Stir the sourdough starter with the water. Add the flours and mix well. Cover with plastic wrap and let rest for 20 minutes. After this initial rest, add the salt. Fold dough with a spatula. Add more flour or water if you think the dough needs it.


Cover the bowl and let rise for about a couple hours at room temperature. Fold the dough a few times (just in the bowl, using a spoon or spatula). You will feel the dough becoming more elastic and responsive, and it will increase nicely in size. Fold in the walnuts during the last fold. I had bought these nuts at the farmers market, fresh walnuts. Just crack them and tiss the shelled nuts in, no need to chop them.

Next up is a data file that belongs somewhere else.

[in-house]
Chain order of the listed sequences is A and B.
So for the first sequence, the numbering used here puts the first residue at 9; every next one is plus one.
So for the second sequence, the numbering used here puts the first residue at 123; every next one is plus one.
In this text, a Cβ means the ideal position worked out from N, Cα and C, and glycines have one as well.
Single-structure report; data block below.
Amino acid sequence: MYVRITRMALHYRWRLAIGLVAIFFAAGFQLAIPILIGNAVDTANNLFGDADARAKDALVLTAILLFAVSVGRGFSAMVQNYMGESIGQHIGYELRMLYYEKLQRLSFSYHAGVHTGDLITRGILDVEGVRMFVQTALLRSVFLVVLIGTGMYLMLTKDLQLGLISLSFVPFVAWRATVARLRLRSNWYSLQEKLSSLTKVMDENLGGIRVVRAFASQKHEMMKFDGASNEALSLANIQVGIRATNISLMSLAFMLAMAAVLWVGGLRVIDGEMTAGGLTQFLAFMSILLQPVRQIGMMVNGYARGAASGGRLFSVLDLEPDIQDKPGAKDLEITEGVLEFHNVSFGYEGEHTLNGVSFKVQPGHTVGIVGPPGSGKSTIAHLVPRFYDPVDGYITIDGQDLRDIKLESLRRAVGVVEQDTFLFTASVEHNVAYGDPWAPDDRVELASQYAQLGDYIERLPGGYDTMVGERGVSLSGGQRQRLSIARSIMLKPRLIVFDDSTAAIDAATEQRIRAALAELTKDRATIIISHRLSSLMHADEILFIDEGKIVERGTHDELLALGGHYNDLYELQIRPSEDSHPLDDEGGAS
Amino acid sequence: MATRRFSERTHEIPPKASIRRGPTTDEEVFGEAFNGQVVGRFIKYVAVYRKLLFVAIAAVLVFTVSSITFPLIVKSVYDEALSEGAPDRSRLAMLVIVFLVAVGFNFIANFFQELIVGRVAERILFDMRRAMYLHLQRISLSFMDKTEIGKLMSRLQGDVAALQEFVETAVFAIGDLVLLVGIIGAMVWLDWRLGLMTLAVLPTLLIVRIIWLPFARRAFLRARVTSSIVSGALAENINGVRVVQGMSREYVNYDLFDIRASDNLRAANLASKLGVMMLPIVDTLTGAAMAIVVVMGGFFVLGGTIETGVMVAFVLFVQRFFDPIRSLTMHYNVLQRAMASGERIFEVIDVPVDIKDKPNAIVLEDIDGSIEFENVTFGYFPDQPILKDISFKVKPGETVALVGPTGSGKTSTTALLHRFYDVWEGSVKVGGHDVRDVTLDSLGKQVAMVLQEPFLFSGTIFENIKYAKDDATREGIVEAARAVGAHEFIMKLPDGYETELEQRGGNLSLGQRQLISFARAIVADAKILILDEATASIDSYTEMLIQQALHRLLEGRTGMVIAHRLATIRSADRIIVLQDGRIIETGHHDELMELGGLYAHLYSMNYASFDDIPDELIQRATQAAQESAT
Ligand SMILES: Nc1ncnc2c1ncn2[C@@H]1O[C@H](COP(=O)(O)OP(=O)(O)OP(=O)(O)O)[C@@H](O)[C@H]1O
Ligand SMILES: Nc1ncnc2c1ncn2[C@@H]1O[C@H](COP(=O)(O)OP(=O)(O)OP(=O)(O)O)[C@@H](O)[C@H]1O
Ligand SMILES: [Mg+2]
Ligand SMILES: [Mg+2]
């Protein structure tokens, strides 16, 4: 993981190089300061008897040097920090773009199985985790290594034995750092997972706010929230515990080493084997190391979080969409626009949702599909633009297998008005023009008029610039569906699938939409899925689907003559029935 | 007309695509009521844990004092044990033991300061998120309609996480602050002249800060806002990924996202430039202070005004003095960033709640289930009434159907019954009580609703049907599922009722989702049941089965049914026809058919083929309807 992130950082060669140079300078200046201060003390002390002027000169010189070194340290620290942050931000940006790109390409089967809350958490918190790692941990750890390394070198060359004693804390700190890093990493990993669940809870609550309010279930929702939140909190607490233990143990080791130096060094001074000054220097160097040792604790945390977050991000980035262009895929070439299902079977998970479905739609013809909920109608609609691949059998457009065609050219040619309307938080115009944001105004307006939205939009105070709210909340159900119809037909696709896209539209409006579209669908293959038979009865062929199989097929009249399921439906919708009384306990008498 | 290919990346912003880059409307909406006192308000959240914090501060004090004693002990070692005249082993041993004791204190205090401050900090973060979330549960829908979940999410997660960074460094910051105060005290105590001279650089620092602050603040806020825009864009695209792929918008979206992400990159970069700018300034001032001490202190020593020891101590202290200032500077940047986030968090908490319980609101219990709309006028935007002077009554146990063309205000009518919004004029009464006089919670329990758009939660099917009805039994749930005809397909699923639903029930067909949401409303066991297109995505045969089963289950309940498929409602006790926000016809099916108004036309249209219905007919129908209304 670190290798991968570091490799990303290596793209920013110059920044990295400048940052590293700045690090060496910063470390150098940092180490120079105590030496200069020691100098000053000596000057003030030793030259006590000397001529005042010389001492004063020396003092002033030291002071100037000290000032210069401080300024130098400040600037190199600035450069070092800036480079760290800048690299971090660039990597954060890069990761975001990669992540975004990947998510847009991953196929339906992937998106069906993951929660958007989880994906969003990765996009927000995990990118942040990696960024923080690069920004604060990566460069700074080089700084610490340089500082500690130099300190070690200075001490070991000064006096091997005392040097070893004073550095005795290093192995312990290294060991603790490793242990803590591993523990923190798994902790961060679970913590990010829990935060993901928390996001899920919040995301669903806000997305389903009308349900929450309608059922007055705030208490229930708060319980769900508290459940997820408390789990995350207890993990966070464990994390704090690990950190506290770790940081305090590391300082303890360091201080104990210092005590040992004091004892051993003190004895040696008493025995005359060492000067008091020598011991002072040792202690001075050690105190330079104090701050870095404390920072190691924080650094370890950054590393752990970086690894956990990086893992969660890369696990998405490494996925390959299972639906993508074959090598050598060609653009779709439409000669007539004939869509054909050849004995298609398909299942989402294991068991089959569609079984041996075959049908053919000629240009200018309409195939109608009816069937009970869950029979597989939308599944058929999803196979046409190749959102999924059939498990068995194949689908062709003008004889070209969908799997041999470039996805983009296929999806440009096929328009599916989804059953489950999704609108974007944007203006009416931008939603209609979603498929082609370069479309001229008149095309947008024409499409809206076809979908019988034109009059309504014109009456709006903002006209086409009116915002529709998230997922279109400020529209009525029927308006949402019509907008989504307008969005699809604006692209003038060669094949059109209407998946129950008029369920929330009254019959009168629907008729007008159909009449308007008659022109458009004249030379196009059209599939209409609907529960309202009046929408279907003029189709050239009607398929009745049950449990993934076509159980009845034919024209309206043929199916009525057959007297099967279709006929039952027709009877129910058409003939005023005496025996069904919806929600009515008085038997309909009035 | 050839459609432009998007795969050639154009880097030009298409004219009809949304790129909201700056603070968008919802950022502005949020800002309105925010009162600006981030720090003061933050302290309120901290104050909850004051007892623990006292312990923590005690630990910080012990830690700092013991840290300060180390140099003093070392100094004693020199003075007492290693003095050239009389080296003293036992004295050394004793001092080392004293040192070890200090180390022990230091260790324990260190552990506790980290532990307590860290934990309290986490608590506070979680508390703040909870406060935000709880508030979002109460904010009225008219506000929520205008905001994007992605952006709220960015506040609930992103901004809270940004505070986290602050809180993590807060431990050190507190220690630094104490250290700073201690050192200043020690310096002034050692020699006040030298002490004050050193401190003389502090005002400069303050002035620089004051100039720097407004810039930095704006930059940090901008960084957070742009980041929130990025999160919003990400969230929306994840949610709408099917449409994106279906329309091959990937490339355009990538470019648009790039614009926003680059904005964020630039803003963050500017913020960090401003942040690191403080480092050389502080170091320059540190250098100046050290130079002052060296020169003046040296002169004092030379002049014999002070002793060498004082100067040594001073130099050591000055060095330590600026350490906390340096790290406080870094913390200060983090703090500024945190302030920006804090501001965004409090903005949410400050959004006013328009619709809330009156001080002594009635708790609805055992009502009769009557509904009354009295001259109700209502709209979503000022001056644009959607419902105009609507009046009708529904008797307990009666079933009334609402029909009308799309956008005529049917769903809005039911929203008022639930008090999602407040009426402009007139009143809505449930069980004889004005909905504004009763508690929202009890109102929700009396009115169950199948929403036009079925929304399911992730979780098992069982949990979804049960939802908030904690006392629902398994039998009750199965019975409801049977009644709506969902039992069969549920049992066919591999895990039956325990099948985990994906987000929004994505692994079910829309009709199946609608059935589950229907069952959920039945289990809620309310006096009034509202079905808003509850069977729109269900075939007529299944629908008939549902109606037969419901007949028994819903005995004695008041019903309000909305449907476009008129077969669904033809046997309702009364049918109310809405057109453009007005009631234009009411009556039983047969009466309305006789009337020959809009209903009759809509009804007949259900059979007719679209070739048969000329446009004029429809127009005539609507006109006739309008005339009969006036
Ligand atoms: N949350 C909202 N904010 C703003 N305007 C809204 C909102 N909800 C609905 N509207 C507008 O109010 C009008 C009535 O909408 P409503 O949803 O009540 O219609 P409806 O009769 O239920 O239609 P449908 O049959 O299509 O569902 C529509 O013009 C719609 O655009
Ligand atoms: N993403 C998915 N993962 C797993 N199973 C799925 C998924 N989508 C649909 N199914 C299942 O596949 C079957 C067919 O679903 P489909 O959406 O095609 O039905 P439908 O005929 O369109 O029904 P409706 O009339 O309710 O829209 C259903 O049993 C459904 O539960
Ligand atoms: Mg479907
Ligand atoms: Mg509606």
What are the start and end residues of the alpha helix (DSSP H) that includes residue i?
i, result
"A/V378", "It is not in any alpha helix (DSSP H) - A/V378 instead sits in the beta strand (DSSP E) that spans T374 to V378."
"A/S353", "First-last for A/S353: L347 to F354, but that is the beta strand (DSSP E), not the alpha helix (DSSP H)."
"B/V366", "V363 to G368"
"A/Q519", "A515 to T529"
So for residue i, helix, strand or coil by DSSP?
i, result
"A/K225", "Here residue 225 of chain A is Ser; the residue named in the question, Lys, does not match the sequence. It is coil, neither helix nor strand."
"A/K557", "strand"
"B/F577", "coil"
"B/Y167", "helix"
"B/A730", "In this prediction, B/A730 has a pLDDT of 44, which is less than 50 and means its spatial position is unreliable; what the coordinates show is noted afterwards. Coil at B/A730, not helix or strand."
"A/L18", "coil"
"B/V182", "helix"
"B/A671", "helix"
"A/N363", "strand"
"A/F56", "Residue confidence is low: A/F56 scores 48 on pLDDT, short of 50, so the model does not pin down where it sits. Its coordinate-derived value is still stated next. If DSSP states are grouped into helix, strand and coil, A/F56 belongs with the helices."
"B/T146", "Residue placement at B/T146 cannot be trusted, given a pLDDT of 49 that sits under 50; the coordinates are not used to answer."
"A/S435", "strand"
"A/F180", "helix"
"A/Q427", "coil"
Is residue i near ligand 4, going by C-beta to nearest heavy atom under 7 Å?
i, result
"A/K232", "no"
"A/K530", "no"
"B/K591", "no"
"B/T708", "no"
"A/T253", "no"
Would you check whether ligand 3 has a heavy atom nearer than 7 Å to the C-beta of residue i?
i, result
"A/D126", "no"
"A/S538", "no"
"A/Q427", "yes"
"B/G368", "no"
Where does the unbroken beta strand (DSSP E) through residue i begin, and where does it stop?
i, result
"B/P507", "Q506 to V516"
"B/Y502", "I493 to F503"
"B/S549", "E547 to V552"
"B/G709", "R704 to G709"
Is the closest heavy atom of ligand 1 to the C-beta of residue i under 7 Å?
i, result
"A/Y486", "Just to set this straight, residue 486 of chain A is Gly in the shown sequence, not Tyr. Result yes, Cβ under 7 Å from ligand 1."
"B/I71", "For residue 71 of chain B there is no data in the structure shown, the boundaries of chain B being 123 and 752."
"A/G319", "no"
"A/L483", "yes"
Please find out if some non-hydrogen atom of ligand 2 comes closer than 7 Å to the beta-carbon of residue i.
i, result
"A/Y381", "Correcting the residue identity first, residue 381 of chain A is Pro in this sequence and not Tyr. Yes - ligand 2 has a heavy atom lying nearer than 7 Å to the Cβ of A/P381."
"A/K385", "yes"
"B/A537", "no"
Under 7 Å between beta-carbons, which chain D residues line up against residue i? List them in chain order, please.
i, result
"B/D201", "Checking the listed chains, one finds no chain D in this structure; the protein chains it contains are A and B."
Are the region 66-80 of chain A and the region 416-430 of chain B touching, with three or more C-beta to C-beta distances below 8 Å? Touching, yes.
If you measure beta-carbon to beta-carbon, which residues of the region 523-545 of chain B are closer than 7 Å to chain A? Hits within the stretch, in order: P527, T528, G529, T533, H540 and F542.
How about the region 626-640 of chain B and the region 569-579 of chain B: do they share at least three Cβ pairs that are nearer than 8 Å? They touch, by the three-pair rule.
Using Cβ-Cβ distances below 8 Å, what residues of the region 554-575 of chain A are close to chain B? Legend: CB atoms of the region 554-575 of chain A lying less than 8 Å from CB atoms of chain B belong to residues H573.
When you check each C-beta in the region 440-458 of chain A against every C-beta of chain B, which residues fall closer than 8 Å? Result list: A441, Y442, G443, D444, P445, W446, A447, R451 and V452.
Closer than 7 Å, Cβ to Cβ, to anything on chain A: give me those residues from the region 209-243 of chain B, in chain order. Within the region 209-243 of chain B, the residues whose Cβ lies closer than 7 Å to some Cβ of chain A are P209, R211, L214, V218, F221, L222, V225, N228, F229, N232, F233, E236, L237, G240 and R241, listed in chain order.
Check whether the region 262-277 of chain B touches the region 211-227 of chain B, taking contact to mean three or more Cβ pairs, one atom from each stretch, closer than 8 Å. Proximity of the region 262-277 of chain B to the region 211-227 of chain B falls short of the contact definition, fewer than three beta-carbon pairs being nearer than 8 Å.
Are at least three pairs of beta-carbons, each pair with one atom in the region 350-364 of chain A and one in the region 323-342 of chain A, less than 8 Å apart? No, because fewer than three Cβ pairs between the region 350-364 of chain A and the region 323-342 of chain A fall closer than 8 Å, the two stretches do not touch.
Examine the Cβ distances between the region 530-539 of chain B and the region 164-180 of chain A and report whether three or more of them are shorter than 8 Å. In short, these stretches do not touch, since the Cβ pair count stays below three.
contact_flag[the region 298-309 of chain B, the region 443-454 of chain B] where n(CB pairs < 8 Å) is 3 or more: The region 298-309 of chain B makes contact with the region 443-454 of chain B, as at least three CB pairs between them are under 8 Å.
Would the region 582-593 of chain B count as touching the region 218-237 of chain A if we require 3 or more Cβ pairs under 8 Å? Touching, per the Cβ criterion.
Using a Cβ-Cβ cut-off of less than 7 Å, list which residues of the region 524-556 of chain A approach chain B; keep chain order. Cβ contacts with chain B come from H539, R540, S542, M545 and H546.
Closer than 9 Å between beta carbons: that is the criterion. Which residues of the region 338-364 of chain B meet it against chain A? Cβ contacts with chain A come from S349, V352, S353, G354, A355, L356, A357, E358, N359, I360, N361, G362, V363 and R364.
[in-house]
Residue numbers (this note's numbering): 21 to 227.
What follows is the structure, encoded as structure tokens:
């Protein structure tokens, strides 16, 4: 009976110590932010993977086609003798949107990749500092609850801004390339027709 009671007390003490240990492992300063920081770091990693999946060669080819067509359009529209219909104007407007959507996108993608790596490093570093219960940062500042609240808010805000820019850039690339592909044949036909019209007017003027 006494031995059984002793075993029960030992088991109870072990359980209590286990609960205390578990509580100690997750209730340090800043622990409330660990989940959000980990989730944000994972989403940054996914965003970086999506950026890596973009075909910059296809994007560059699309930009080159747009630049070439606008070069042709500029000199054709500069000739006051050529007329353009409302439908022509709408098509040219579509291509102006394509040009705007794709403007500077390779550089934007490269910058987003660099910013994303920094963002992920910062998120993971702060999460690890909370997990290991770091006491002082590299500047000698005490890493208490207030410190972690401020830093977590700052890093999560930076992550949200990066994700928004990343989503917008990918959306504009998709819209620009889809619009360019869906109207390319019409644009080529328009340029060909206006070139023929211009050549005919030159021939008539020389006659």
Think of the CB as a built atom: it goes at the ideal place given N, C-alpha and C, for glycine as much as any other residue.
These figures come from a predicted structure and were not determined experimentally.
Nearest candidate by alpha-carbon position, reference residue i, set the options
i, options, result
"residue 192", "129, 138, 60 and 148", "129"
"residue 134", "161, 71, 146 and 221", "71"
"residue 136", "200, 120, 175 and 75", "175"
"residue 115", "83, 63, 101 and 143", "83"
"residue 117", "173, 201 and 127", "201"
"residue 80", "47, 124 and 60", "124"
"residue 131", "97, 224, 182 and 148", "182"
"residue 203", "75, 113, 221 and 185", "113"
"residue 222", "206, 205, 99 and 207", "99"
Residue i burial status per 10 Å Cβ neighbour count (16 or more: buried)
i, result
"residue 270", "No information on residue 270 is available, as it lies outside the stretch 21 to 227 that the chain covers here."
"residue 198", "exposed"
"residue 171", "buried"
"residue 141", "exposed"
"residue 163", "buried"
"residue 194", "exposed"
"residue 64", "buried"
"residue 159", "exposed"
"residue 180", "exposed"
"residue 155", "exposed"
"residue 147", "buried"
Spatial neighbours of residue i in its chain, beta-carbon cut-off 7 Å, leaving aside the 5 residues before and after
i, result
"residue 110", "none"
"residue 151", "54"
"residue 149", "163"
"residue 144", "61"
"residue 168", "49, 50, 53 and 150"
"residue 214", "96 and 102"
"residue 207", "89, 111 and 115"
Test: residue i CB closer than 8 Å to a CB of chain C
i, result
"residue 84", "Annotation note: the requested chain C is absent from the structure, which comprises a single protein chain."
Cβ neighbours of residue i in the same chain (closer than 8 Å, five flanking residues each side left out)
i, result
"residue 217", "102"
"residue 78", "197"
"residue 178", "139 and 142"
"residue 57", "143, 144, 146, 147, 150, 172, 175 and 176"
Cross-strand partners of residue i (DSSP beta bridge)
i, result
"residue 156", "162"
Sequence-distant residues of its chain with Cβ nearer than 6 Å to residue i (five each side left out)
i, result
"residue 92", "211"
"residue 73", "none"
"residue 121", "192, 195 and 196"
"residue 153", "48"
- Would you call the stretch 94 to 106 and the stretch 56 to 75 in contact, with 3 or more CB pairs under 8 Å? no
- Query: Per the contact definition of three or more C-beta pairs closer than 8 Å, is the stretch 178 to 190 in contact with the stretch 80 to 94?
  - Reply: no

For baking same day: move the dough to a floured banneton and cover it with plastic (a hotel shower cap works well), and let it rise 5-6 hours at room temperature.  I cheat, and line the banneton with baking paper, less pretty markings but easier to lift over to the pot. OR: If you are in Rome, it is October and your kitchen is still 27C, leaving the dough to rise overnight in the fridge might work better. Depends when you want to eat and have time to bake.
Walnut sourdough

When ready to bake: heat your oven to 250C, with a cast iron pot. When it is properly hot (or after at least 20 minutes), take the pot out carefully. Invert the dough onto a piece of baking paper, slash the dough, and put the bread in the pot. Bake at 250C for thirty minutes with the lid on, then 10-15 minutes more with the lid off, until the bread looks done and the base of the bread sounds hollow if you tap it. About 45 minutes in all, depending on your oven. Cool before slicing.